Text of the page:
unreliable organs cause girl to do extra chores February 2, 2011
Wintered hands, icy water buckets, horse blankets. Sweat freezes along my forehead, the horses get excited. Feed them, feed them again. Repeat. Wrestle with hay bales, tiny slivers in my arms. Climb manure pile, trek towards the basement door. Back inside, I feel too hot. The layers won’t come off fast enough and there are parts of me still numb. Rotate out wet hats, rotate in dry hats. Socks. Apply primary leg layer, follow up with snowpants. Long shirt short shirt other shirt. Vest, jacket, zip, zip. Rotate out wet boots, rotate in dry boots, and gloves, and repeat several times each day until spring. I grew up doing my share of barn chores, but it’s different this year and the burden falls entirely to me. Usually I have the other half of the farm, my father, to assist and together we muddle through, but all things routine and comfortable went inside out on December 23. My dad’s heart failed us. It was slow, suffering, haunting. He was immersed in his pride-or maybe fear, and tried to will it away. In the evening I found my mother tending to him, she had come home from work, she was putting blankets on him, they were praying. He was still wearing his shoes and I asked “Is dad ok?” He groaned, “I’ll be fine”. This level of denial is something my family resorts to if it’s very, very bad. I spent the evening trying to tune out sounds coming from my father. Gasping, sucking, anything for air. That sound came over and over, followed by gurgling, then moaning, then quiet. Too difficult to struggle. With that symptom, he asked for an ambulance, which arrived exactly at midnight. My mom punched at my door, yelled for me, and then I could hear her voice moving quickly away. That meant she was frantic. I had heard it before. Emerging, frightened, I noticed they had dressed in coats already, and my dad was panting. I stayed back. Someone needed to watch the dogs and horses, and my dad was specifically concerned with it as he was leaving. I didn’t know what to think about that. I felt a new sadness, something far beyond any other, I might have just seen my father for the last time. I tried to delete those images of him suffering. While I cried alone in our big house, the doctors were reviving my father with paddles. His body probably lurching on a plastic table under a fluorescent light. A disgusting image. I got him back. He didn’t die, he was going to but he didn’t, and those days were dotted by nurses and hospital rooms and the smell of unwashed sick people. We learned of other serious ailments and my mother called doctors many many times. Our tall Christmas tree, half decorated, began to lose it’s needles. My mother sawed it into pieces right there in the living room. She seemed relieved as she dragged it outside to burn. Home alone with my mother, I made an effort to keep her company. She only broke down once, and I had to embrace her. It was very stiff, unpracticed. Then she was angry, too much gin, and we spatted about money. Rotate out wet hats, rotate in dry hats. Socks. Apply primary leg layer, follow up with snowpants. Long shirt short shirt other shirt.Vest, jacket, zip, zip. Rotate out wet boots, rotate in dry boots, and gloves, and repeat several times each day until spring. Feed them, feed them again, repeat, and care for Father.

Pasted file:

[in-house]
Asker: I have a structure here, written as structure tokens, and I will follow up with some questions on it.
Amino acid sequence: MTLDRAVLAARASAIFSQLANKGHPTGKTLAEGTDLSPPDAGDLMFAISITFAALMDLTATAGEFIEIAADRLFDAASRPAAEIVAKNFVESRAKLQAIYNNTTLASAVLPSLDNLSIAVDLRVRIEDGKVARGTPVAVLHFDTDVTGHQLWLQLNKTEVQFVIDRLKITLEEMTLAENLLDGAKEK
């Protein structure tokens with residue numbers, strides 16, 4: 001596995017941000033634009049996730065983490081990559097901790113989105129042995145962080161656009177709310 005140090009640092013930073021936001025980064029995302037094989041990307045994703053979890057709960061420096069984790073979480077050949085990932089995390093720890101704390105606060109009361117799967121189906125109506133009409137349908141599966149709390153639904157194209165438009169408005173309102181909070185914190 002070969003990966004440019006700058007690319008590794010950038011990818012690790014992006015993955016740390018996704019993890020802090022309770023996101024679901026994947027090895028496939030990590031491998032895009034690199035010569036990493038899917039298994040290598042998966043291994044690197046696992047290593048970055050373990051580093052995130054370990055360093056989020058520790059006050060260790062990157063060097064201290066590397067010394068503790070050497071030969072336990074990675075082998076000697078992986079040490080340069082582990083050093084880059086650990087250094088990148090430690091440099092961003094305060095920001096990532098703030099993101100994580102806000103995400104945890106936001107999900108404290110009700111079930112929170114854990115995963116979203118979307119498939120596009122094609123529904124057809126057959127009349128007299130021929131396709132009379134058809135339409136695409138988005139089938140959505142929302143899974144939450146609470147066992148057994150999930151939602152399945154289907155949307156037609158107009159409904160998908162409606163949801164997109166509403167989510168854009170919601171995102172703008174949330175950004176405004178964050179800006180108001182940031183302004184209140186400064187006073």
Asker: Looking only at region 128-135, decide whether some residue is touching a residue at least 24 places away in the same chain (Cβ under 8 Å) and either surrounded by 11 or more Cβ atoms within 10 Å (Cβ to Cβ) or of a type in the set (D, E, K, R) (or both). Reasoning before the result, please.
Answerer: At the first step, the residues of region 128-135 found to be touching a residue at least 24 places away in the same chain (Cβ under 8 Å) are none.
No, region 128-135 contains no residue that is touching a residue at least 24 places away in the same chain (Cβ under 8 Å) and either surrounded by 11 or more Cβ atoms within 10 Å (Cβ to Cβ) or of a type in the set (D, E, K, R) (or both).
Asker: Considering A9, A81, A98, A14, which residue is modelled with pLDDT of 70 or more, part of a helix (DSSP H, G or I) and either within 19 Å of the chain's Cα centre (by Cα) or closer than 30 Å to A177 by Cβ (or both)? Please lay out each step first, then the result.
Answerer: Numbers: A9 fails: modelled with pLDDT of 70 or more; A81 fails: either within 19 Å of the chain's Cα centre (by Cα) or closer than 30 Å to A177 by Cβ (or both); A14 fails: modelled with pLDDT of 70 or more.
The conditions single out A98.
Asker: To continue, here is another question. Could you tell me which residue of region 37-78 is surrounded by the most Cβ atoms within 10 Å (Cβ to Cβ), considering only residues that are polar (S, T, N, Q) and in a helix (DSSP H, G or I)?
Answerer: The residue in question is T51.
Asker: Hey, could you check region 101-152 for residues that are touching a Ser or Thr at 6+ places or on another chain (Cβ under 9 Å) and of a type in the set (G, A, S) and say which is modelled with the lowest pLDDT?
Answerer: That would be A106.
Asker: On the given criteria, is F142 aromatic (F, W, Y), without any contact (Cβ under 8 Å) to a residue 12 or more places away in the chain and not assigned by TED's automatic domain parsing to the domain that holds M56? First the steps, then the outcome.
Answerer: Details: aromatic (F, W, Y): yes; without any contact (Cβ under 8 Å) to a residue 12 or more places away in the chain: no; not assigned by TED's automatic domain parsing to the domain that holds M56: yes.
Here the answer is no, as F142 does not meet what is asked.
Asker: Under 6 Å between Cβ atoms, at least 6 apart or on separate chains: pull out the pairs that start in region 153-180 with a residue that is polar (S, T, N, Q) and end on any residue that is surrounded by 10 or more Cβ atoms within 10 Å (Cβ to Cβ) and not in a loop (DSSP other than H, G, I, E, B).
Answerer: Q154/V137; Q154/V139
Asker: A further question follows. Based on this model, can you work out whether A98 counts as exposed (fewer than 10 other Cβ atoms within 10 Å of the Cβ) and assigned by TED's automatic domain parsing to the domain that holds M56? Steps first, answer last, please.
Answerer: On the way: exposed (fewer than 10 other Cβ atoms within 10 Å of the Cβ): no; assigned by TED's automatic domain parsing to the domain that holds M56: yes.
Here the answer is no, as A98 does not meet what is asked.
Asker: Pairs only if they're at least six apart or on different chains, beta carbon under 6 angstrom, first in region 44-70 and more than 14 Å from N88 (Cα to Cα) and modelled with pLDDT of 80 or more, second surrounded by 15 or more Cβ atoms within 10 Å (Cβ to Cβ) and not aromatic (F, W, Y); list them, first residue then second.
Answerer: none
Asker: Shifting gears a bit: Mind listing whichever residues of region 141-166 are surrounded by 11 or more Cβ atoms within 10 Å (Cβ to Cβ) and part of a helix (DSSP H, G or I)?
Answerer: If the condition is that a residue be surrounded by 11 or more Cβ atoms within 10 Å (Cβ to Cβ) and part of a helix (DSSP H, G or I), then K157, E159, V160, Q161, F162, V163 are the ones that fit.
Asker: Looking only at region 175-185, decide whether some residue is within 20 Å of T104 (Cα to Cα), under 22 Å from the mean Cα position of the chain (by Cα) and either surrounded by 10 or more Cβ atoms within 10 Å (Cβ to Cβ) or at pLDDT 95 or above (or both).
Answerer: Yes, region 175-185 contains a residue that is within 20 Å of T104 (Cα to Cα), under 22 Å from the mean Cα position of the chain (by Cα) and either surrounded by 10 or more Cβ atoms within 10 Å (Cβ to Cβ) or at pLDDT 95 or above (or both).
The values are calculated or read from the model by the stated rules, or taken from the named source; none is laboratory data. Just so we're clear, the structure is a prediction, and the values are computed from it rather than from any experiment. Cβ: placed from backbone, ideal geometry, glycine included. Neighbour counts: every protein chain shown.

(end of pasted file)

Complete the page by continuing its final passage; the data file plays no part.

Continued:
Venturing out into the gray, the usual curious wondering in the forest, the usual chill, wet feet. I had a habit of following just one path, day after day, finding nothing but snapped branches and my own footprints. I did once encounter a muskrat, but it quickly vanished. Another time I found an enormous dead crayfish. Time spent searching, wasted on a slippery marmot and a dead thing. I wanted to know what went on. My longing to be liked by creatures, to be the exception to their doubts led me off one day into uncertain woodland. A mess of thorny vines caught my pant leg as I tried to follow a trail of Fisher prints. I felt clumsy, human . The Fisher navigated expertly, with grace. My presence was loud, unnerving, my shoes crushing saplings, squeaking atop rotted logs. I stayed on the path of the Fisher.
Deer, coyote, fox, beaver, muskrat, porcupine, rabbit joined the Fisher, and together these feet had worn a highway in the thicket. There was a deep borrow complete with fresh droppings, an entrance perhaps to extensive tunnels. There was a turkey feather in a Fisher’s hole. Countless tiny stumps had been gnawed into pencil tips by a beaver. A pile of pine shavings fresh from that day. My attention turned to the marsh, to his dam. Maybe he had hidden there, spooked by my arrival, maybe I could get close enough to see. I felt like a creature, like I might learn their secrets.
I sunk into the icy grasses along the shallows of the swamp. I balanced along grounded trees, grasping for sturdy holds. Standing on a bank, rushed, anxious, as though I was sure to see the beaver, I pondered the rushing water of a lively brook feeding the swamp. I confidently jumped, with a leg stretched out, and landed in the icy stream. As I climbed out, shocked, slow, I thought of how ridiculous I had been on this quest to befriend the wildlife. December air stung my wet skin.
Deer, coyote, fox, beaver, muskrat, porcupine, rabbit. I trudged away, they surely reappeared soon after. I am not the exception to their doubts. The creatures will always take cover in dens or holes, or flee with white tails waving. I am not the exception to their doubts, and I can never know them.